This case report describes the clinical management of a dog according to current standard of care. All diagnostic testing and medical management were approved by the dog’s owner.

Author Contributions

All four contributing authors (KR, AT, RC, and RW) made substantial contributions to the conception or design of the work and the acquisition, analysis, or interpretation of data for the work; they all contributed to the drafting of the work and revising it critically for important intellectual content; they all gave final approval of the version to be published; and they all agree to be accountable for all aspects of the work in ensuring that questions related to the accuracy or integrity of any part of the work are appropriately investigated and resolved.

Conflict of Interest Statement

The authors declare that the research was conducted in the absence of any commercial or financial relationships that could be construed as a potential conflict of interest.


The software utilized to process imaging in this report was supported by the Breeden Endowment Grant, Biggio Center, Auburn University. The report has not been presented at any scientific conference or meeting.


ALKP, alkaline phosphatase; ALT, alanine transferase; aPTT, activated partial thromboplastin time; AST, aspartate aminotransferase; CSF, cerebrospinal fluid; CVT, cerebral venous thrombosis; INR, international normalized ratio; MFS, modified Frankel score; MRI, magnetic resonance imaging; PLN, protein-losing nephropathy; SIRS, systemic inflammatory response syndrome; UPC, urine protein:creatinine ratio; vWF, von Willebrand factor.


1. Leach JL, Fortuna RB, Jones BV, Gaskill-Shipley MF. Imaging of cerebral venous thrombosis: current techniques, spectrum of findings, and diagnostic pitfalls. Radiographics (2006) 26:S19–43. doi: 10.1148/rg.26si055174

PubMed Abstract | CrossRef Full Text | Google Scholar

2. Selim M, Fink J, Linfante I, Kumar S, Schlaug G, Caplan LR. Diagnosis of cerebral venous thrombosis with echo-planar T2*-weighted magnetic resonance imaging. Arch Neurol (2002) 59:1021–6. doi:10.1001/archneur.59.6.1021

PubMed Abstract | CrossRef Full Text | Google Scholar

3. Fellner FA, Fellner C, Aichner FT, Mölzer G. Importance of T2*-weighted gradient-echo MRI for diagnosis of cortical vein thrombosis. Eur J Radiol (2005) 56:235–9. doi:10.1016/j.ejrad.2005.05.010

PubMed Abstract | CrossRef Full Text | Google Scholar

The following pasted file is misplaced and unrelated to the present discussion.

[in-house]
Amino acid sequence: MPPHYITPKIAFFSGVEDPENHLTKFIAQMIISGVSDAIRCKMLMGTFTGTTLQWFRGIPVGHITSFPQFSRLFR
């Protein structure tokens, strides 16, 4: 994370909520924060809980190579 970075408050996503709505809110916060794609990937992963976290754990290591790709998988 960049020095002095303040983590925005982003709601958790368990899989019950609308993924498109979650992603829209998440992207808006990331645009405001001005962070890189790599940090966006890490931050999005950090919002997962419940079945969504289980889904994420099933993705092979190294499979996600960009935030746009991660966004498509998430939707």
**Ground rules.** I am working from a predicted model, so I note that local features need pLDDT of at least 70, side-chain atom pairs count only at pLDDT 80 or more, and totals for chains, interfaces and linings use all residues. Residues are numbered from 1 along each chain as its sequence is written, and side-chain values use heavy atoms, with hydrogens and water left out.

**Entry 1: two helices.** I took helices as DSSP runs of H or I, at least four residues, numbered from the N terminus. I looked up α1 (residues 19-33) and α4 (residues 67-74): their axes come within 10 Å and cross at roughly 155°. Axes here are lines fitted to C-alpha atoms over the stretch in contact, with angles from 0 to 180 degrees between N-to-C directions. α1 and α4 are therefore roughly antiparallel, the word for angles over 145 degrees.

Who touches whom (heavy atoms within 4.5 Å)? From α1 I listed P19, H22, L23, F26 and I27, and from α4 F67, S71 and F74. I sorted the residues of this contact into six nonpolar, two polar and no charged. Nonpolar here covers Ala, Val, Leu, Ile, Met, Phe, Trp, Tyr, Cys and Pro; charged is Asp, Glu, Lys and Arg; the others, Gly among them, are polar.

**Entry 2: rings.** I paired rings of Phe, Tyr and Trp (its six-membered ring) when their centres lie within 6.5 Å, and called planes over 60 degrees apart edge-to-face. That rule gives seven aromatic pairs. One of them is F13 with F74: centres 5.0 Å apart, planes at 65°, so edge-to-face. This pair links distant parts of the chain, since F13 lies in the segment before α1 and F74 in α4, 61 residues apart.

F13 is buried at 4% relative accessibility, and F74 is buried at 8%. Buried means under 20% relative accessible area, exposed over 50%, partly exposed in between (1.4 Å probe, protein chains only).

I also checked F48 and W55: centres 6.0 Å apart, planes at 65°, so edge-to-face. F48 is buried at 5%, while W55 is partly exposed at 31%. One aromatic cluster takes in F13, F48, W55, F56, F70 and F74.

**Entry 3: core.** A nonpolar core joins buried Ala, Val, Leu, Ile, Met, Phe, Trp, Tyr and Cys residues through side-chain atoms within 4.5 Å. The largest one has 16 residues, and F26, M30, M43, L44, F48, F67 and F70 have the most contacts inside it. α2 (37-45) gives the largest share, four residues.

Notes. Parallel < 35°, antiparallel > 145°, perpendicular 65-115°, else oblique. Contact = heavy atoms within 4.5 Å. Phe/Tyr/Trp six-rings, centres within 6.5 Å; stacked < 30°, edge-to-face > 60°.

4. Racil Z, Kocmanova I, Lengerova M, Winterova J, Mayer J. Intravenous PLASMA-LYTE as a major cause of false-positive results of platelia Aspergillus test for galactomannan detection in serum. J Clin Microbiol (2007) 45:3141–2. doi:10.1128/JCM.00974-07

CrossRef Full Text | Google Scholar

5. Winter RL, Sedacca CD, Adams A, Orton EC. Aortic thrombosis in dogs: presentation, therapy, and outcome in 26 cases. J Vet Cardiol (2012) 14:333–42. doi:10.1016/j.jvc.2012.02.008

PubMed Abstract | CrossRef Full Text | Google Scholar

6. Saposnik G, Barinagarrementeria F, Brown RD Jr, Bushnell CD, Cucchiara B, Cushman M, et al. Diagnosis and management of cerebral venous thrombosis: a statement for healthcare professionals from the American Heart Association/American Stroke Association. Stroke (2011) 42:1158–92. doi:10.1161/STR.0b013e31820a8364

CrossRef Full Text | Google Scholar

7. Bousser MG, Ferro JM. Cerebral venous thrombosis: an update. Lancet Neurol (2007) 6:162–70. doi:10.1016/S1474-4422(07)70029-7

PubMed Abstract | CrossRef Full Text | Google Scholar

8. Kato Y, Yamane F, Hayashi T, Kohyama S, Ishihara S, Uchino A, et al. Partially thrombosed vertebral artery dissecting aneurysm presenting as delayed bulbar compression after lateral medullary infarction. Intern Med (2015) 54:427–9. doi:10.2169/internalmedicine.54.3347

PubMed Abstract | CrossRef Full Text | Google Scholar

9. Takai K, Usui M. Spontaneous thrombosis of a spinal conus perimedullary arteriovenous fistula. Neurol Med Chir (Tokyo) (2012) 52:103–6. doi:10.2176/nmc.52.103

CrossRef Full Text | Google Scholar

10. Diyora B, Sharma A, Mamidanna R, Kamat L. Chronic cervicothoracic spinal subdural hematoma. Neurol Med Chir (Tokyo) (2009) 49:310–2. doi:10.2176/nmc.49.310

PubMed Abstract | CrossRef Full Text | Google Scholar

11. Dudeck O, Zeile M, Poellinger A, Kluhs L, Ludwig WD, Hamm B. Epidural venous enlargements presenting with intractable lower back pain and sciatica in a patient with absence of the intrarenal inferior vena cava and bilateral deep venous thrombosis. Spine (2007) 32:E688–91. doi:10.1097/BRS.0b013e318158cf94

CrossRef Full Text | Google Scholar

12. Paksoy Y, Gormus N. Epidural venous plexus enlargements presenting with radiculopathy and back pain in patients with inferior vena cava obstruction or occlusion. Spine (2004) 29:2419–24. doi:10.1097/01.brs.0000144354.36449.2f

PubMed Abstract | CrossRef Full Text | Google Scholar

13. Bozynski CC, Vasquez L, O’Brien DP, Johnson GC. Compressive myelopathy associated with ectasia of the vertebral and spinal arteries in a dog. Vet Pathol (2012) 49:779–83. doi:10.1177/0300985811415704

PubMed Abstract | CrossRef Full Text | Google Scholar

14. Swayne DE, Tyler DE, Batker J. Cerebral infarction with associated venous thrombosis in a dog. Vet Pathol (1988) 25:317–20. doi:10.1177/030098588802500413

CrossRef Full Text | Google Scholar

15. O’Kell AL, Grant DC, Panciera DL, Troy GC, Weinstein NM. Effects of oral prednisone administration with or without ultralow-dose acetylsalicylic acid on coagulation parameters in healthy dogs. Am J Vet Res (2012) 73:1569–76. doi:10.2460/ajvr.73.10.1569

PubMed Abstract | CrossRef Full Text | Google Scholar